RICHMOND, Va. -- From vermicelli bowls to crispy chicken, Pho Luca’s, a Vietnamese-owned Richmond restaurant, uses plastic foam containers to package takeout meals. That may soon change after the General Assembly recently passed a bill banning such packaging.

After negotiations on a Senate amendment, the House agreed in a 57-39 vote last week on an amendment to House Bill 1902, which bans nonprofits, local governments and schools from using polystyrene takeout containers. The Senate passed the amended bill in a 24-15 vote.

“We’re just leveling the playing field,” said Del. Betsy B. Carr, D-Richmond, about the amendment. “So not only do restaurants, but nonprofits and schools will be subject to this ban in 2025.”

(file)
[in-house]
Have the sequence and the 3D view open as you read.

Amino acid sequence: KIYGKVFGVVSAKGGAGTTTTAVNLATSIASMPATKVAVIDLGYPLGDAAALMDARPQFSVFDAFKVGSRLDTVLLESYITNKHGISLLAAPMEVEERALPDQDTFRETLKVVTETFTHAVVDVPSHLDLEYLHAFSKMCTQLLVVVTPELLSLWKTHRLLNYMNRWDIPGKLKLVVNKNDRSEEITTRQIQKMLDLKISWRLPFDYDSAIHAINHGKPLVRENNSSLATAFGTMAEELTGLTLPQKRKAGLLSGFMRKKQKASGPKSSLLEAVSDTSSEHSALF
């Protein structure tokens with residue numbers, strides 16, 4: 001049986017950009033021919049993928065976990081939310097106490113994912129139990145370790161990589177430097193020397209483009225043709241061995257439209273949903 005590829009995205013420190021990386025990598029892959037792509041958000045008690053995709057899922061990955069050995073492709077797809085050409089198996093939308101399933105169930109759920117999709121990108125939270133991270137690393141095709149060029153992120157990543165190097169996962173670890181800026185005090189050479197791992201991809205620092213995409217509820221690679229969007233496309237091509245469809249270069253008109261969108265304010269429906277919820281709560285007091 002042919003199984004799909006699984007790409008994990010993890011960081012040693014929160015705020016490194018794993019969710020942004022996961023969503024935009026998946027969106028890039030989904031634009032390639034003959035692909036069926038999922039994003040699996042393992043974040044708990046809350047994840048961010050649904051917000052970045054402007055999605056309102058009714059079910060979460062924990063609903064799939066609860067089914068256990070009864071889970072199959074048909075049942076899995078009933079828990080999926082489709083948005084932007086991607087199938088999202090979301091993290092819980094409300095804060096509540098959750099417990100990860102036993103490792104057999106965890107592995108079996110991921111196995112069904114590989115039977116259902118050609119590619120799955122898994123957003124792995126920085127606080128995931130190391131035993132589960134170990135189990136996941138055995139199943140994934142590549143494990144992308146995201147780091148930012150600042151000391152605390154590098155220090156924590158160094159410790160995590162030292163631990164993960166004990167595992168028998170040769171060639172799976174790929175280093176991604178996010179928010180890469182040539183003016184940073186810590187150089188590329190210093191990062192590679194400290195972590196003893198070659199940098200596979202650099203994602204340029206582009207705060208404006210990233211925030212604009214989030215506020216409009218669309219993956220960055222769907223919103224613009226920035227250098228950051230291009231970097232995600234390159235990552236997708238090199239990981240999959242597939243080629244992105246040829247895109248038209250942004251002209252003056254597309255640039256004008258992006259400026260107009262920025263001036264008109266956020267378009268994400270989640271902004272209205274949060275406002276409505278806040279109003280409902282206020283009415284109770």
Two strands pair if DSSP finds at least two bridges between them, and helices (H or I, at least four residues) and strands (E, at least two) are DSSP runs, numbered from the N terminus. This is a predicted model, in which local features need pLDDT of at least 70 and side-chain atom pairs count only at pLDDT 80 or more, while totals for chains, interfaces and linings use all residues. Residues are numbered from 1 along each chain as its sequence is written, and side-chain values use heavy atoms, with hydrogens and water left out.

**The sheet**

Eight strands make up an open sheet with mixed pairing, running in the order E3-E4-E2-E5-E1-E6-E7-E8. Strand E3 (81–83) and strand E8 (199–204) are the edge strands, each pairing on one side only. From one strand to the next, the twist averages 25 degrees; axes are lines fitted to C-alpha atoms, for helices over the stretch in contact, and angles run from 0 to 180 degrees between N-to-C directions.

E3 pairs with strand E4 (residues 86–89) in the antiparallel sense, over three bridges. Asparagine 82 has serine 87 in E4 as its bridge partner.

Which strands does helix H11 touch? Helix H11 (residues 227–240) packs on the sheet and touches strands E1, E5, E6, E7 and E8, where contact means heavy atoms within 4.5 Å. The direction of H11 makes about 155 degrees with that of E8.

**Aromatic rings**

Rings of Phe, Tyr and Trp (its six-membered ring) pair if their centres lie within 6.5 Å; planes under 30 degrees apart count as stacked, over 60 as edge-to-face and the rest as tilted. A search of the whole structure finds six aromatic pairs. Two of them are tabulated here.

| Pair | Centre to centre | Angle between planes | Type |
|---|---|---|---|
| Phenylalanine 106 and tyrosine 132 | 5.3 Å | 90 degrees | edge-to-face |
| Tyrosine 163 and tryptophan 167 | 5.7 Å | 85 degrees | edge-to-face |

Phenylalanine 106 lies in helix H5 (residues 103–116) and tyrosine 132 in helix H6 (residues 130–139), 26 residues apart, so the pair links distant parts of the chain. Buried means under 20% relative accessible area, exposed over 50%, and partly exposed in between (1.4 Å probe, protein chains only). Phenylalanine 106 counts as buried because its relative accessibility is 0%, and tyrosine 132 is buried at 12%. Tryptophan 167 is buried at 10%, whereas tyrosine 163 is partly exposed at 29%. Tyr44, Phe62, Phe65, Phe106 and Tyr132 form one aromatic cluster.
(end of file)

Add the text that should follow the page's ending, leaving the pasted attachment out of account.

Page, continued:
Food chains with 20 or more locations cannot package and dispense food in polystyrene containers as of July 2023. Remaining food vendors have until July 2025. Food vendors in violation of the ban can receive up to $50 in civil penalty each day of violation.

Carr said she is glad Virginia is taking the lead to curb plastic pollution and that the measure will “make our environment cleaner and safer for all of our citizens (by) not having (polystyrene) in the ditches and in the water and in the food that we consume.”

This is the second year the bill was sent to a conference committee. Last year’s negotiation resulted in a reenactment clause stipulating the bill couldn’t be enacted until it was approved again this year by the General Assembly.

The COVID-19 pandemic loomed over this year’s bill dispute as businesses shift to single-use packaging, such as polystyrene, to limit contamination.